Bob Clough, June 2007

My grandfather left the army and started selling pottery. He bought in ware and sold it ‘on the stones’. His suppliers were Alfred Meakin, J & G Meakin, W.H. Grindley and Johnson Bros. After a while he set up a decorator’s works in Longton – an outfit called ‘St Louis’, and became a wholesaler. He stopped going to the markets, and employed a number of boys to sell the ware on his behalf. His business really started to flourish in the depression. If a factory went into liquidation, he would buy it, set it up again and sell it as a going concern.

My father Alfred was one of five brothers. He was the eldest. Then there was Aubrey, who was in the pottery business all his life: Ashley – the black sheep of the family -- who moved to Devon to run a clay mine the family acquired: Astor, who like Aubrey and Alfred worked in the industry, and Albert, who qualified as a chartered accountant.

I was the first person in the family to study the subject formally. I went to Leeds University and took a degree in ceramics. After I graduated, I worked at W.H. Grindley. I had been in and out of the potbanks since I was about eight years old. After tea on a Sunday, my father and grandfather would go into the study and chat about the business, and I would listen.

I started as an assistant manager in the dipping house (the area of the factory where glaze is applied to the ware). I had a spell in a number of different departments, until I was made the assistant works manager.

During the war there was a shortage of coal. It was used not just to fire the ovens, but also to run the steam engines – the source of the power for the factory. The shortage meant there was often only enough coal to fire the boiler until lunchtime.

This had obvious production implications. The boiler didn’t just provide the heating -- it ran the steam engine, which by means of belts and ropes, powered the jiggers and jolleys. In most cases the rope drive ran the length of the building underneath the windows, where the making machines were positioned for the best light. The maker would engage the drive to his machine by means of a knee-pad lever which pushed a pulley onto the rope causing his jolley to rotate. If the rope was ever cut, everyone suffered the consequences.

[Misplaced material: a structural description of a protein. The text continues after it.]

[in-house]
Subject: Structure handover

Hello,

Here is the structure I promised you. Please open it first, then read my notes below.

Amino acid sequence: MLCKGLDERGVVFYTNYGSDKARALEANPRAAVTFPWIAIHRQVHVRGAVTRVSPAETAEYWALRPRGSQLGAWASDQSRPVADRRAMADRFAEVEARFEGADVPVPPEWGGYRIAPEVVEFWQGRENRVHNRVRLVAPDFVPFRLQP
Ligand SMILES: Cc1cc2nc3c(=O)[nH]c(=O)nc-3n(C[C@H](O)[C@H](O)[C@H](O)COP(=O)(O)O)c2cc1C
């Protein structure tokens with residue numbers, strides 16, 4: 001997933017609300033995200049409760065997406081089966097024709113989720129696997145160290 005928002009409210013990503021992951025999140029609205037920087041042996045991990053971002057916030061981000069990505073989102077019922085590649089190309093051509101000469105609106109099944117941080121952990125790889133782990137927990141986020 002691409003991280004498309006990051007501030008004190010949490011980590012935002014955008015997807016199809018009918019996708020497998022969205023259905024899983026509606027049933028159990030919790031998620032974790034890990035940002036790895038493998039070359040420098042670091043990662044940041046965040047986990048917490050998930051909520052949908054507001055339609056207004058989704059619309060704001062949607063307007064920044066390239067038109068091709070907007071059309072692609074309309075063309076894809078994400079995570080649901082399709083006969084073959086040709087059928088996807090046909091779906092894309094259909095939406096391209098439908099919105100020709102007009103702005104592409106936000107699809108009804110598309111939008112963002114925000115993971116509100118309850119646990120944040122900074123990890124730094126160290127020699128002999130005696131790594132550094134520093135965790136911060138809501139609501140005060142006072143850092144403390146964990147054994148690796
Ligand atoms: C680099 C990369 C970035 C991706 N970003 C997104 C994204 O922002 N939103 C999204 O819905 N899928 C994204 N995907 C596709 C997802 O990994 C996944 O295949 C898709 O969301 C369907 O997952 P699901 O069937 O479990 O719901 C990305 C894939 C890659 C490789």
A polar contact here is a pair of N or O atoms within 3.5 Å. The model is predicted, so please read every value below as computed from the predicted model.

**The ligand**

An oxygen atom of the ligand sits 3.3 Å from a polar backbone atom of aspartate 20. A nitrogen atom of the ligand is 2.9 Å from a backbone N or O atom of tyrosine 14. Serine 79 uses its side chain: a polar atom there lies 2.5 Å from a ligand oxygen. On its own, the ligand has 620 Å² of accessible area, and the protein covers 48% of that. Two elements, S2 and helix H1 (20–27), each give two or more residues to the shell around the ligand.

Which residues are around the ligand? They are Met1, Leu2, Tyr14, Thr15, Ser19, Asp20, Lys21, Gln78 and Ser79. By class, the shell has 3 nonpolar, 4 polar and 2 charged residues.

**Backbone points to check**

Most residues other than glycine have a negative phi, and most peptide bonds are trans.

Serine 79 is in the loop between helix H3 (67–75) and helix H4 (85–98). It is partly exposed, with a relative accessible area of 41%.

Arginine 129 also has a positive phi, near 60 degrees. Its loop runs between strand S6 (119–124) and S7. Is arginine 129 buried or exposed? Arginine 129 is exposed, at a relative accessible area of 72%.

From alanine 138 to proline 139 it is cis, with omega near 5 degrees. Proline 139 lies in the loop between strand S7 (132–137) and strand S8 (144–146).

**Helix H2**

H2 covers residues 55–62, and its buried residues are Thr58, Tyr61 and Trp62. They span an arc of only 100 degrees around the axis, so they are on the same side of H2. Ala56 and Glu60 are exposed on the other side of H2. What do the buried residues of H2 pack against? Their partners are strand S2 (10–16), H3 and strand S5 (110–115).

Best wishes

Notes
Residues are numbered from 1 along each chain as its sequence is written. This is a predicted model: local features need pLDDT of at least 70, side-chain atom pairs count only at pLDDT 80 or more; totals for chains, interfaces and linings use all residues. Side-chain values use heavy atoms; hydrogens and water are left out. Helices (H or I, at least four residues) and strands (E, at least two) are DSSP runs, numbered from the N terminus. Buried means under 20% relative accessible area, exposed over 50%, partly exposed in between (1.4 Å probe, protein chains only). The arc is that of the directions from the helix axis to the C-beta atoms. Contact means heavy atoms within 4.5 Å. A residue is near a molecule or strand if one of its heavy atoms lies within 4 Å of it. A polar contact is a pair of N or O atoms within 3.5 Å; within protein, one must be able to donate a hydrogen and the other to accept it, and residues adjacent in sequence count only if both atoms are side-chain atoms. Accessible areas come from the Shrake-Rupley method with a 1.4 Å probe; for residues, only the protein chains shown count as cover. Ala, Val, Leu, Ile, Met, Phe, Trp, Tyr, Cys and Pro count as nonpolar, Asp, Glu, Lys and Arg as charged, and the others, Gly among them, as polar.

In the war there was a spirit of cooperation in the potbanks. The manufacturers would borrow workers from one another. If one factory grew short of labour, someone would be sent to them. At the end of the war, people had been sent so much from pillar to post that some employers forgot who their employees really were.

The potteries were transformed by modern machinery. The first independent electric motors were available in 1946. This was a huge technological change. It meant you could build semi-automatic making machines. British manufacturers – William Boulton, Manor Engineering, Servis Engineers – limited themselves to stand-alone equipment. German manufacturers took a different approach, and made machines that produced multiple goods. When we put in a new plant at Cartwrights, our machine could produce cups, mugs and plates four or six at a time, rather than just singly.

Cartwright and Edwards was originally a china factory. Astor attended the auction, and bought the factory for £54,000. One of its principal assets was a good gas-fired tunnel kiln. In a coal-fired bottle oven the intensity of heat varied from the centre to the outside ring of saggars (ceramic containers for the ware during firing). This outer row was known as the ‘first ring’.  Plates, saucers and hollow ware were placed towards the centre. The ‘first ring’ was generally made up with cups. China factories were mostly involved in producing dinner services and tea sets.  Firing a half-full kiln was pointlessly expensive, so saggars in the ‘first ring’ were always filled with cups -- far more of them than the tea sets and dinner services required. Instead, these cups were sold as ‘odd cups’. When biscuit tunnel kilns were introduced after the war, there was no longer a need to produce space fillers for the oven.

Suddenly there was a lack of cheap cups on the market. This was an opportunity for anyone equipped to produce them. We capitalised on this at Cartwright’s, and so did Staffordshire Potteries -- our arch rivals.

As late as 1961 W.H. Grindley were still firing five bottle ovens. The losses were tremendous.  The kilns had to be turned round in seven days. In order to do it, they had to be drawn (the ware had to be unpacked) while still quite hot. The placers --who were also responsible for drawing the oven -- had to unstack the bungs of saggars using a wooden step-ladder, known as a ‘hoss’.

They couldn’t carry the saggars in their hands, so they placed them on their heads. They wore flat caps with a roll of old stocking rolled into the shape of a doughnut inside.

The saggars were put onto benches where the girls unloaded them, placing the ware into large wicker baskets. The ware was still too hot to handle comfortably and a lot of damage would occur and this last stage. Overall losses at that time were in excess of 30%. I understand that in recent years, losses have fallen to less than 10%.

The Grindley backstamp changed while I was there. It went from the old-fashioned ship mark, to the G mark. It looked more modern, less backward-looking.

Earthenware has to be responsive to fashion. It is aimed at a cheaper market. It is not collected ‘for best’ and no one really expects to be able to replace broken ware -- unlike china or porcelain. This allows the manufacturers to be more experimental, and to produce shorter runs. But as you look around, you will see that while hotel ware is still being made in Stoke-on-Trent, the earthenware industry has gone.